GIS and the City

On February 6th, 2004, Al Leidner, former head of New York City’s Department of Information Technology and Telecommunications GIS Program, spoke to members of GISMO about the future of geographic information systems in New York City.

A version of this program was originally presented to the Municipal Data Processing Council. I’ve combined my own notes below with those taken by James Labate.

The GIS Utility: Key Integration of IT

  • GIS marries information technology with the science of geography.
  • The value of information has become the center point of the industry: the quality, amount, and how integrated it is.
  • The technology is there, but the data is lacking. The more combinable data is, the more valuable it becomes. To that effect, the “stove piping” of information is a massive problem.
  • From Data to Wisdom: Increasing the value of data should be the goal of the GIS Community.
  • The “Where Field” - Geography as an ancient science vs. IT as a new industry. GIS people need to bring geography to IT people.
  • We’re still in the early stages of understanding the integration of data. But all data is spatially enabled and therefore can be combined. For example, an automated mapping application can plot a database of 500,000 tree locations off of building and other feature locations.
  • Five basic fields on NYCmap, the City government-maintained basemap, are: postal address, latitude and longitude, street segment, parcel, and building. These are all related and identified with a unique ID.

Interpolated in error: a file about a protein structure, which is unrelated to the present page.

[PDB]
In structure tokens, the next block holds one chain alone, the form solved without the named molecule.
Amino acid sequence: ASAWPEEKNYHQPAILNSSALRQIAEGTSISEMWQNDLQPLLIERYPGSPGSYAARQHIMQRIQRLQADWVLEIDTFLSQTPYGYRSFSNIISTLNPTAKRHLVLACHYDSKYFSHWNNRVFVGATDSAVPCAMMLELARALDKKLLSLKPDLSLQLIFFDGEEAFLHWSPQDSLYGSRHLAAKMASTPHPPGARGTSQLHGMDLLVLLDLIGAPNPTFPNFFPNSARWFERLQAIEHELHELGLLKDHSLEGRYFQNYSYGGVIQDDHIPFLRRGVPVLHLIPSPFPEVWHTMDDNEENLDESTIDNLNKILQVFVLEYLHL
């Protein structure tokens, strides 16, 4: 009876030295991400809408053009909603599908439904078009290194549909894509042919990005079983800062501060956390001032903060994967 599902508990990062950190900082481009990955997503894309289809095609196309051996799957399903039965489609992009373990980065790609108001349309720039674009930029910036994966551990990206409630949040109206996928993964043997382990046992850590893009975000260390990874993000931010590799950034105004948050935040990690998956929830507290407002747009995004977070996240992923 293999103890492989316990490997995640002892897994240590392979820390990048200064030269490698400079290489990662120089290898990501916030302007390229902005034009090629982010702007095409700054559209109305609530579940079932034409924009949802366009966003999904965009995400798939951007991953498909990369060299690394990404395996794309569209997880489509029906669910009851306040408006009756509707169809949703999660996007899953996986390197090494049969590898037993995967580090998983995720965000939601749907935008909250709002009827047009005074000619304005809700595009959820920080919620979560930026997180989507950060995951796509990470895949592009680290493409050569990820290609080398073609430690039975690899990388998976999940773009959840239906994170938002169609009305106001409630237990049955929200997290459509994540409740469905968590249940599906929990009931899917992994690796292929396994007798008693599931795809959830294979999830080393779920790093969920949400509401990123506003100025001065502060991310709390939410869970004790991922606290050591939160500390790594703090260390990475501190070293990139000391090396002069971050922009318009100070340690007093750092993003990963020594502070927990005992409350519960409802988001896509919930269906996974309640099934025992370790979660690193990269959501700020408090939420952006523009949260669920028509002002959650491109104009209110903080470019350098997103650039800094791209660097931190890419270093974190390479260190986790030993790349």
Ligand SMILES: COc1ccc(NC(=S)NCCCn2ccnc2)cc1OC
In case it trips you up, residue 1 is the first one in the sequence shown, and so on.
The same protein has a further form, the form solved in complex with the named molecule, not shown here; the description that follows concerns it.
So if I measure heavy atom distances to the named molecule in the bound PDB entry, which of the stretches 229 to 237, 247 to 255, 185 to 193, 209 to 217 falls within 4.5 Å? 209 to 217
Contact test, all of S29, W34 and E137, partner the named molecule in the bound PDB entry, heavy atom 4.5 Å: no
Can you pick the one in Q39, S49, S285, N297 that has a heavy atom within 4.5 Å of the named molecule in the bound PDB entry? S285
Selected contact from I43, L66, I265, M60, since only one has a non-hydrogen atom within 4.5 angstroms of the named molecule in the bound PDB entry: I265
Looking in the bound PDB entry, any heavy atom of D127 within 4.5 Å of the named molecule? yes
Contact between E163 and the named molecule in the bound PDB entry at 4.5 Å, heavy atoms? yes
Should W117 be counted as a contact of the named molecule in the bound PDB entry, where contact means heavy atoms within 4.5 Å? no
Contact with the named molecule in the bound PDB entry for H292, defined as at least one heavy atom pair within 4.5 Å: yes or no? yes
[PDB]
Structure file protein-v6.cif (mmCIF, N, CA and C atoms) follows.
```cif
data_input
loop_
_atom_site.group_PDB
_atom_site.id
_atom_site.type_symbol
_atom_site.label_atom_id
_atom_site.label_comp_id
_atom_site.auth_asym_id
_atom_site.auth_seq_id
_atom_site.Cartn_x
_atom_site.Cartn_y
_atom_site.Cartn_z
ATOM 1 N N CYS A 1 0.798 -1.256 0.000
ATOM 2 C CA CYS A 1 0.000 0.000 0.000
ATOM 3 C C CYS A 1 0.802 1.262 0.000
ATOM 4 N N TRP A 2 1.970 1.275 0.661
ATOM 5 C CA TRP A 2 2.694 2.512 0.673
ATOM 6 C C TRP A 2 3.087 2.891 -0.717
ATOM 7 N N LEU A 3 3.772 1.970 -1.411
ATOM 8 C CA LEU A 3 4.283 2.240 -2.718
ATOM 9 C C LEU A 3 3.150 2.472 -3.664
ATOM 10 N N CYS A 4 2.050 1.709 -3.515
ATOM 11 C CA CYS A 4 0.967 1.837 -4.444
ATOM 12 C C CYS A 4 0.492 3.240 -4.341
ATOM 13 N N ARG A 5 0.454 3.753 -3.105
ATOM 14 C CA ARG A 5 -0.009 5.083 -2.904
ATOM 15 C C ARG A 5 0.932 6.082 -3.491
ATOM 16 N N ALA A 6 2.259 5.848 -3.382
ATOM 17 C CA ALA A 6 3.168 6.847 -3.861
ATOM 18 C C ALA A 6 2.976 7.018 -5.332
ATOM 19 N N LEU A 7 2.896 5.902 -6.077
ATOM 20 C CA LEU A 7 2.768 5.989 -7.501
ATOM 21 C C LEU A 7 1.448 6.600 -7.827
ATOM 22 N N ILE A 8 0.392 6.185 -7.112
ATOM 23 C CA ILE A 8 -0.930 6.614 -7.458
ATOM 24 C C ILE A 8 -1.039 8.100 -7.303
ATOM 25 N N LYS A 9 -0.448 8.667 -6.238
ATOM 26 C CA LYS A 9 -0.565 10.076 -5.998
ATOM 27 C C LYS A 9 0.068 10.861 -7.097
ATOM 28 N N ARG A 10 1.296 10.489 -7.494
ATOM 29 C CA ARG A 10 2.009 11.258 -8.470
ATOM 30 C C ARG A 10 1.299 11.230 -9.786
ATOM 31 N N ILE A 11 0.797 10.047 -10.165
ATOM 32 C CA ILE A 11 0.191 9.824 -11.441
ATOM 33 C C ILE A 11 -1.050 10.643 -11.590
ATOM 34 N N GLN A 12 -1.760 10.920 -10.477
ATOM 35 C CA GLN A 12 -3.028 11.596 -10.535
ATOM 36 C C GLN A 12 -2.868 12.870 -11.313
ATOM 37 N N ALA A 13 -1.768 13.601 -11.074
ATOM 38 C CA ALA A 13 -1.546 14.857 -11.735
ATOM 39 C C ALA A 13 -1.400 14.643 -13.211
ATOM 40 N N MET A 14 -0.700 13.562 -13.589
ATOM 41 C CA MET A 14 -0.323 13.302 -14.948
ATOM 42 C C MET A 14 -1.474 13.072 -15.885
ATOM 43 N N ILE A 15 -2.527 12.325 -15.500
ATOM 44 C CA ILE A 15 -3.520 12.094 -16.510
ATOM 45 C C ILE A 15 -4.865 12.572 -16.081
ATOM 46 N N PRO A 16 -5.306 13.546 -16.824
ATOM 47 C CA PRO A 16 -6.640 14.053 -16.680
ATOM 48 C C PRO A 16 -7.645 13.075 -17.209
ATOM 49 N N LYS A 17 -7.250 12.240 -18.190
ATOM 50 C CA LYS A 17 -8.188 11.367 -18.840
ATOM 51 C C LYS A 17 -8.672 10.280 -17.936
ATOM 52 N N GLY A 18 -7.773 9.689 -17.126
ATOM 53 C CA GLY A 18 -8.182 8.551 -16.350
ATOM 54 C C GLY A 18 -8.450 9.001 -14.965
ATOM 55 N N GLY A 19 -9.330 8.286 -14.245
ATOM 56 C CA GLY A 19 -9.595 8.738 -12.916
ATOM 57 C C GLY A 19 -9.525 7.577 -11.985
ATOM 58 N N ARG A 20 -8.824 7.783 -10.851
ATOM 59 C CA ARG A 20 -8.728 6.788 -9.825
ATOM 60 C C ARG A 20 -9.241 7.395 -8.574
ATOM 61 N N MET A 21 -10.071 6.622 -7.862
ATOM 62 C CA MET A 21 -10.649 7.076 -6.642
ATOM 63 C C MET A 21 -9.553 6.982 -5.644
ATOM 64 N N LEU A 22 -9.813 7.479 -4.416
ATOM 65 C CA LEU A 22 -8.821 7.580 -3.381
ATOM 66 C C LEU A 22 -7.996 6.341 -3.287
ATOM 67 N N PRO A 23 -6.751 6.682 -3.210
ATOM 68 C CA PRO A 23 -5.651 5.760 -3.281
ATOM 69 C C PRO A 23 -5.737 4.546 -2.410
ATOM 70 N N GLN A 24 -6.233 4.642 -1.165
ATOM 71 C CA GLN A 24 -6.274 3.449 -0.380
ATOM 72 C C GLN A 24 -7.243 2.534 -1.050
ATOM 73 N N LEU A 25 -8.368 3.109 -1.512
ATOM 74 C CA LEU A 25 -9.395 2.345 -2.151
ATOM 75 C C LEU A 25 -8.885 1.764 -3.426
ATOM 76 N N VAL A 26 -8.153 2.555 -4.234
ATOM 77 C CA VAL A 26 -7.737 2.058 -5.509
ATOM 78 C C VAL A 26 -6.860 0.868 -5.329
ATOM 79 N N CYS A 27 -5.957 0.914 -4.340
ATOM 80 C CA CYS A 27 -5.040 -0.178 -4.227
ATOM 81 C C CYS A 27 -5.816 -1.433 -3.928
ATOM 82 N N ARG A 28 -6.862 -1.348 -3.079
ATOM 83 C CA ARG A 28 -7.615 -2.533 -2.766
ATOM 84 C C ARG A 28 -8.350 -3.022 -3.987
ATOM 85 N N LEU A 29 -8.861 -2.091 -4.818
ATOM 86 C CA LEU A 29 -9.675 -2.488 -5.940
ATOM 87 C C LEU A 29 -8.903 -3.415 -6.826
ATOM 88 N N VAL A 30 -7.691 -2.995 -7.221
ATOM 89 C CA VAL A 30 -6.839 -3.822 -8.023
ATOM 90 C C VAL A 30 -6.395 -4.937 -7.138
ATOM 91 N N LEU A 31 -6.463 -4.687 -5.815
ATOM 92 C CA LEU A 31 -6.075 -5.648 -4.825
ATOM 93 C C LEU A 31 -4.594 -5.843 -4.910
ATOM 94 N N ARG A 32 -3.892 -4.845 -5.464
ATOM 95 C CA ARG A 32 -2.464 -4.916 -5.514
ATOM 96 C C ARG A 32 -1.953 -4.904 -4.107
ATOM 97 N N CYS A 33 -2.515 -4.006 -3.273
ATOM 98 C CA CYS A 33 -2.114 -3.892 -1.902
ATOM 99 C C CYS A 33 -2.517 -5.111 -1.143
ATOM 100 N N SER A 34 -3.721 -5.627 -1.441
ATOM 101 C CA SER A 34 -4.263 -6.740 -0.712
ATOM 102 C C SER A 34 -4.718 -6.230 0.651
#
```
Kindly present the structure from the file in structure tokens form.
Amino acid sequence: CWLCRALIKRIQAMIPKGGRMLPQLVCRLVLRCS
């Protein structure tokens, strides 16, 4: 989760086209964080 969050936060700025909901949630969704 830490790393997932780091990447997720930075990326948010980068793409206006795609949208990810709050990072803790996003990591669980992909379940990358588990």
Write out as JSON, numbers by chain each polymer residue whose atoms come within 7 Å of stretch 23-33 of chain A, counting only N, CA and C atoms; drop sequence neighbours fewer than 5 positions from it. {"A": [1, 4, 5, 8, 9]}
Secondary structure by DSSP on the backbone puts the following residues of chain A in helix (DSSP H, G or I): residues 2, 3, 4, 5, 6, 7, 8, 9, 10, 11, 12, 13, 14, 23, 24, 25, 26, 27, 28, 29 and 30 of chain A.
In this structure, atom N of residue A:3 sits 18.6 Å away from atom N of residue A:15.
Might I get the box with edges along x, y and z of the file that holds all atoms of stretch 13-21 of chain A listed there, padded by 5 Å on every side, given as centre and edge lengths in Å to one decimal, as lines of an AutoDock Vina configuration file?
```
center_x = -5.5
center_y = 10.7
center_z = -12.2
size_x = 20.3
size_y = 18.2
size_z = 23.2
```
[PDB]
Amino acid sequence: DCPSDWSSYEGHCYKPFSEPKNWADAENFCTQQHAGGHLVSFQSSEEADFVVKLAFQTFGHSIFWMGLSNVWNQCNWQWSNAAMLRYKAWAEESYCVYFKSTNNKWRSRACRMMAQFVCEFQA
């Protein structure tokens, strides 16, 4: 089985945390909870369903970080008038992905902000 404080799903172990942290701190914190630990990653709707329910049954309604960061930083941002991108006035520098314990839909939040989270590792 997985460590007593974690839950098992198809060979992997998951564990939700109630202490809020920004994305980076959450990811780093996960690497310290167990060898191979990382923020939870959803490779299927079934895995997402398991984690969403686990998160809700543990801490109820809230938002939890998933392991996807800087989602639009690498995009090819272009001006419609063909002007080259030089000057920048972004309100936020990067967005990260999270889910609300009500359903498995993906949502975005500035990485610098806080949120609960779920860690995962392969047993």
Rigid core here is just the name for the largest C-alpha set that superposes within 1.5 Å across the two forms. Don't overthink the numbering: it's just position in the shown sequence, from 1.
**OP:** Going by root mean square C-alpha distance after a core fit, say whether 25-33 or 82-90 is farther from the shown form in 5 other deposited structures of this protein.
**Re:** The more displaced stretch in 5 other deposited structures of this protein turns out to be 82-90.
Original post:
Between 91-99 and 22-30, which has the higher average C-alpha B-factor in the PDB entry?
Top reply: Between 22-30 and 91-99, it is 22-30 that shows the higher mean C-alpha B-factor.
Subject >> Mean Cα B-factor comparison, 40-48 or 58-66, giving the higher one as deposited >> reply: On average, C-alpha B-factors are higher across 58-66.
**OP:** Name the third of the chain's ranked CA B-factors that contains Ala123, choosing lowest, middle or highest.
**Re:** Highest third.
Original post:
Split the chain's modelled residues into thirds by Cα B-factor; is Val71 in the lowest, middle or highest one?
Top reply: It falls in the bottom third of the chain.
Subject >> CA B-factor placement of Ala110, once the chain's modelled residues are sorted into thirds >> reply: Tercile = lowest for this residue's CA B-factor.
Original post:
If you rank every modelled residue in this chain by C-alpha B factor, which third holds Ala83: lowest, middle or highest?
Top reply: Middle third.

How Do We Create Value?

  • With a “critical mass” of data support to NYCmap.
  • The Department of Health used a “critical mass” of West Nile identifiers (e.g. infected birds) to created a predictive model of West Nile Disease. (A series of maps were shown depicting the spread of the virus.) Using the maps, they could quickly spray selected areas. Human cases are preempted. Predict death and stop it. GIS can save lives.
  • In 9/11, the NYC Office of Emergency Management lost its office and data when the towers collapsed. Responders to the disaster needed combinations of data. GISMO volunteers and others provided data to responders from an ad-hoc office at Pier 92. Speed and ability to deal with complex interactions were key features.
  • City’s 311 non-emergency hotline uses a GIS engine which geocodes all data that is taken in. With this, can look for patterns and trends in neighborhoods. (Do trash dumping complaints predict a rise in crime?) The City recently mapped cell phone outages using survey info from 311 and the DoITT Web site.
  • My Neighborhood Statistics at, and CMAP’s myCiti expand the knowledge of GIS among non-GIS professionals.
  • 40 City, 35 State Agencies create knowledge from GIS data. (See notes on Al’s GIS Coordination Program).

New Developments

  • Massive sewer and water system mapping project underway.
  • Dept. of City Planning releases geosupport desktop application.
  • COGIS - developing better property tax lot outlines.
  • Homeland security driving Federal, Local GIS integration.
  • FDNY, EMS, NYPD integrating exchange of data for emergency response, sharing with State, FBI.
  • Modeling building and subway systems for emergency response. 468 stations in MTA. PATH and Amtrak next.